Biodynamic wine is a type of wine that is produced using principles and practices derived from biodynamic agriculture. Biodynamic farming is an approach to agriculture that views the farm or vineyard as a self-sustaining ecosystem and seeks to enhance its vitality and harmony with nature.
Biodynamic principles were developed by Austrian philosopher Rudolf Steiner in the early 20th century. The biodynamic approach considers the interrelationships between soil, plants, animals, and cosmic forces, emphasizing the influence of lunar and planetary rhythms on agricultural activities.
Biodynamic vineyards employ a range of practices to promote the health and vitality of the soil and plants. These practices typically include:
Composting: Biodynamic farmers create their own compost using a mixture of plant material, manure, and minerals. This compost is used to enrich the soil and enhance its fertility.
Planting and Harvesting according to lunar cycles: Biodynamic farmers follow specific lunar and celestial calendars for activities such as planting, pruning, and harvesting. They believe that the gravitational forces of the moon and stars affect the growth and development of plants.
Biodiversity and ecosystem preservation: Biodynamic vineyards strive to maintain a diverse and balanced ecosystem. They encourage the presence of beneficial insects, birds, and animals to control pests naturally and promote biodiversity.
Preparation and application of biodynamic preparations: Biodynamic farmers use various herbal and mineral preparations, such as the well-known "preparations 500" and "preparation 501," which involve burying cow horns filled with cow manure or ground quartz respectively. These preparations are used in very small quantities and are believed to enhance soil fertility and stimulate plant growth.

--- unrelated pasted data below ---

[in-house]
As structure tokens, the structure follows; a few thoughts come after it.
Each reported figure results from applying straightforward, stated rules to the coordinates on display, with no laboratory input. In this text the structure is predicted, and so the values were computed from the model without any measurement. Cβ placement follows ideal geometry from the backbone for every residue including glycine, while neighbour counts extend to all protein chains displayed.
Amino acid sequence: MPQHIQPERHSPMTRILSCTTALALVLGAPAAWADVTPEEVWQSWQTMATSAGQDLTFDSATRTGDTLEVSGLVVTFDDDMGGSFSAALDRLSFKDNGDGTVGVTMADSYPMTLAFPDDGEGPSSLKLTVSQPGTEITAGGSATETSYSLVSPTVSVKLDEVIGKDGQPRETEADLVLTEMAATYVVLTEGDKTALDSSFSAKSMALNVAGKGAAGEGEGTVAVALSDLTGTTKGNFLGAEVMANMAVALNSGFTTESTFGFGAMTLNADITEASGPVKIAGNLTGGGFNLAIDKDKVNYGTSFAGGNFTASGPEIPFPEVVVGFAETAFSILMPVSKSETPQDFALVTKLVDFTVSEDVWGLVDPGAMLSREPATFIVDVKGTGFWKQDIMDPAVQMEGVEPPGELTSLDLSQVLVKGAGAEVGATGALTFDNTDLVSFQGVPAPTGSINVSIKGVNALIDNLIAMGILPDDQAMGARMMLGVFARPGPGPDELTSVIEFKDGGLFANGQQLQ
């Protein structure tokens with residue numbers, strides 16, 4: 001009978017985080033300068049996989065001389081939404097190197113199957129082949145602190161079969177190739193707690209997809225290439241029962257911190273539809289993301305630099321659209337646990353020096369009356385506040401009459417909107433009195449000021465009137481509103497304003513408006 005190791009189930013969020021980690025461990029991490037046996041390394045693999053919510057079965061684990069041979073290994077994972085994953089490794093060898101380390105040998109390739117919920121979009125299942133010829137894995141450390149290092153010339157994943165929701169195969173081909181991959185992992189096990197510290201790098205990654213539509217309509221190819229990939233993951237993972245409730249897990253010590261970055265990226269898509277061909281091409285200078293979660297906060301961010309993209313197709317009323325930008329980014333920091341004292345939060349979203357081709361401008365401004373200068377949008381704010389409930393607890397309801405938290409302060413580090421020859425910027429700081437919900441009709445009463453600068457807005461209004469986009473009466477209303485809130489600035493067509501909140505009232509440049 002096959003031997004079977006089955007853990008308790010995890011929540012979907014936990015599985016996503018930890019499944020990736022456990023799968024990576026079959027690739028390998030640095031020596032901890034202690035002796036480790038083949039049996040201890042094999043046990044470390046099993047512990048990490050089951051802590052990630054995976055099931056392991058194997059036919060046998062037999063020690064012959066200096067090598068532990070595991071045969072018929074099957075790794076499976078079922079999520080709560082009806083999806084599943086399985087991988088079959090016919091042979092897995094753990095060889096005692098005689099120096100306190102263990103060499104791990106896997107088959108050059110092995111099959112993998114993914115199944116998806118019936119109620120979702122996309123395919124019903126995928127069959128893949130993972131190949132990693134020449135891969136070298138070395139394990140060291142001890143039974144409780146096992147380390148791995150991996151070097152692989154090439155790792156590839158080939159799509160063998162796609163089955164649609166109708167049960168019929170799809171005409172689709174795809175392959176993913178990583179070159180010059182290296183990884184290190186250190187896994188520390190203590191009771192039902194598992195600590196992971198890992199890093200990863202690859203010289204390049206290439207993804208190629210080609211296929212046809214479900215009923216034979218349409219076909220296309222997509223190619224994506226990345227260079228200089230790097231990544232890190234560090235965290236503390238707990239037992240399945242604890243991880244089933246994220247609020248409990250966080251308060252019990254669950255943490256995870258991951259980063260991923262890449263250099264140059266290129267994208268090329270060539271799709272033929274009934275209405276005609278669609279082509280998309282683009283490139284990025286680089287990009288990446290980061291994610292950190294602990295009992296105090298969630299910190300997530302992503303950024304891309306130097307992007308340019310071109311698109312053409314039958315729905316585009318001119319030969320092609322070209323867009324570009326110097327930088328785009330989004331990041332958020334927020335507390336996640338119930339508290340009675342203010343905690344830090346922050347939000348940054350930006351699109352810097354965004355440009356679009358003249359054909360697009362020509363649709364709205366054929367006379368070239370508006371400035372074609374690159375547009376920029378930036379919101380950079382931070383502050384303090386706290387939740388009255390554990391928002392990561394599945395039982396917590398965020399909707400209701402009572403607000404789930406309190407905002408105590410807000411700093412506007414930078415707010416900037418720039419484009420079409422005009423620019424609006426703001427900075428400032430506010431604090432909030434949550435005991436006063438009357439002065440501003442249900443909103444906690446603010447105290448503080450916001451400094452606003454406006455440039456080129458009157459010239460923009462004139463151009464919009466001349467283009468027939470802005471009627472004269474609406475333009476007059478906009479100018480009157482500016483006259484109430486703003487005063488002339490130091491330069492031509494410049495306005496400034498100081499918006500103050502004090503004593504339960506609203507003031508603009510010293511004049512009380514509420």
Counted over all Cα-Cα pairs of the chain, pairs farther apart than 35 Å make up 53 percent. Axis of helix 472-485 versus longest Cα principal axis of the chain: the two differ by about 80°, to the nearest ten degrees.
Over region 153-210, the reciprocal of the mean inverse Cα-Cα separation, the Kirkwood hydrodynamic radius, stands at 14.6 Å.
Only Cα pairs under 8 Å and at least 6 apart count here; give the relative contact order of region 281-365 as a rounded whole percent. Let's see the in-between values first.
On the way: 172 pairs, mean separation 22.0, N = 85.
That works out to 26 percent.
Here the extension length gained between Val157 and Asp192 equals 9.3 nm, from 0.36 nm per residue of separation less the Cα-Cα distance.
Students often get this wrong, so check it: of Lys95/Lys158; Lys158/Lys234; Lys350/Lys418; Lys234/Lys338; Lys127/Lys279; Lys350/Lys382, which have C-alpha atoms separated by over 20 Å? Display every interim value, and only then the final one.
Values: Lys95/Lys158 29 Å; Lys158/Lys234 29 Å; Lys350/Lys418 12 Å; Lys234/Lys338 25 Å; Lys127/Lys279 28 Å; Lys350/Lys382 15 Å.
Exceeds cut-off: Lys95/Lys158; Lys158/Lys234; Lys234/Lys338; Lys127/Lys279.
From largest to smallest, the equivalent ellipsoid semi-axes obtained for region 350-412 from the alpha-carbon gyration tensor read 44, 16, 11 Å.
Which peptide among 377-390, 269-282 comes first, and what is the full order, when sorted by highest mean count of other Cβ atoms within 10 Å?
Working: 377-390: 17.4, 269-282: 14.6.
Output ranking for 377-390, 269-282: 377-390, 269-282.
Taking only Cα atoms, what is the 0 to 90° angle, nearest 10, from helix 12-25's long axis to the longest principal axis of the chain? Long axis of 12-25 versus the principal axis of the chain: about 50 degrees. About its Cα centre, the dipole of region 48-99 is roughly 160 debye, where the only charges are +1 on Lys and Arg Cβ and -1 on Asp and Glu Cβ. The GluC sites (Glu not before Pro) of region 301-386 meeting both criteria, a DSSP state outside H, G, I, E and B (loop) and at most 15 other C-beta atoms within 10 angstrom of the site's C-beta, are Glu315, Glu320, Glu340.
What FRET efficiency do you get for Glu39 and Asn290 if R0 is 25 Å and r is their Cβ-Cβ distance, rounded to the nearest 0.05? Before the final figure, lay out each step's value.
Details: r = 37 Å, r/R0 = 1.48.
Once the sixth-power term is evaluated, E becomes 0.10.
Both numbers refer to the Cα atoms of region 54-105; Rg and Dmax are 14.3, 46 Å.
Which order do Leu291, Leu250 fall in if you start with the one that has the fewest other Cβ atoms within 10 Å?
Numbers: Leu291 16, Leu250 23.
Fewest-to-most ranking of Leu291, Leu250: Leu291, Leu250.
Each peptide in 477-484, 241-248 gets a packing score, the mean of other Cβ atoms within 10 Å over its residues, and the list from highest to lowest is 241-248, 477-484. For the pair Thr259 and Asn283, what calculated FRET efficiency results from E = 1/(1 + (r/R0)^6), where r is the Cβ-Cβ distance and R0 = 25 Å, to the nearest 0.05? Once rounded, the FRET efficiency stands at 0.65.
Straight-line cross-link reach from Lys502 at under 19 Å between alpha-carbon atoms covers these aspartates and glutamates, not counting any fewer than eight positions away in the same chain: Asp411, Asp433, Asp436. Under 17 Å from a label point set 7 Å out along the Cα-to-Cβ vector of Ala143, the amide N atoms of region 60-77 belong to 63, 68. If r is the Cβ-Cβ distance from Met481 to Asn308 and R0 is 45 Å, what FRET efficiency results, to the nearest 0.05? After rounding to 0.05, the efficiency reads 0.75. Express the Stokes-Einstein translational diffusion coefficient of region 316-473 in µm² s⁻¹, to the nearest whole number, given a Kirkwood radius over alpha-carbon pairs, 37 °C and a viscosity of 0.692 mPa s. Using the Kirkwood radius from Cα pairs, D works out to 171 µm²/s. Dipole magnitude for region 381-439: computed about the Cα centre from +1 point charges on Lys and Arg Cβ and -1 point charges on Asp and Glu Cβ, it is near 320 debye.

Organic and natural practices: Biodynamic farming adheres to organic farming practices, avoiding the use of synthetic chemicals, genetically modified organisms (GMOs), and artificial additives. Instead, natural methods are employed to control pests, diseases, and weeds.
Biodynamic winemaking follows the same principles as biodynamic agriculture. Winemakers aim to produce wines that are a true expression of the terroir, reflecting the specific characteristics of the vineyard and its surroundings. They minimize the use of additives and rely on natural fermentation processes.
Biodynamic certification is available through various organizations that have their own standards and guidelines. If a wine is labeled as "certified biodynamic," it means that the vineyard and winery have met the specific requirements and standards set by the certifying body.
Biodynamic wine is often considered a step beyond organic wine in terms of sustainability and holistic agricultural practices. It places great emphasis on the interconnectedness of the vineyard ecosystem with the broader natural and cosmic forces.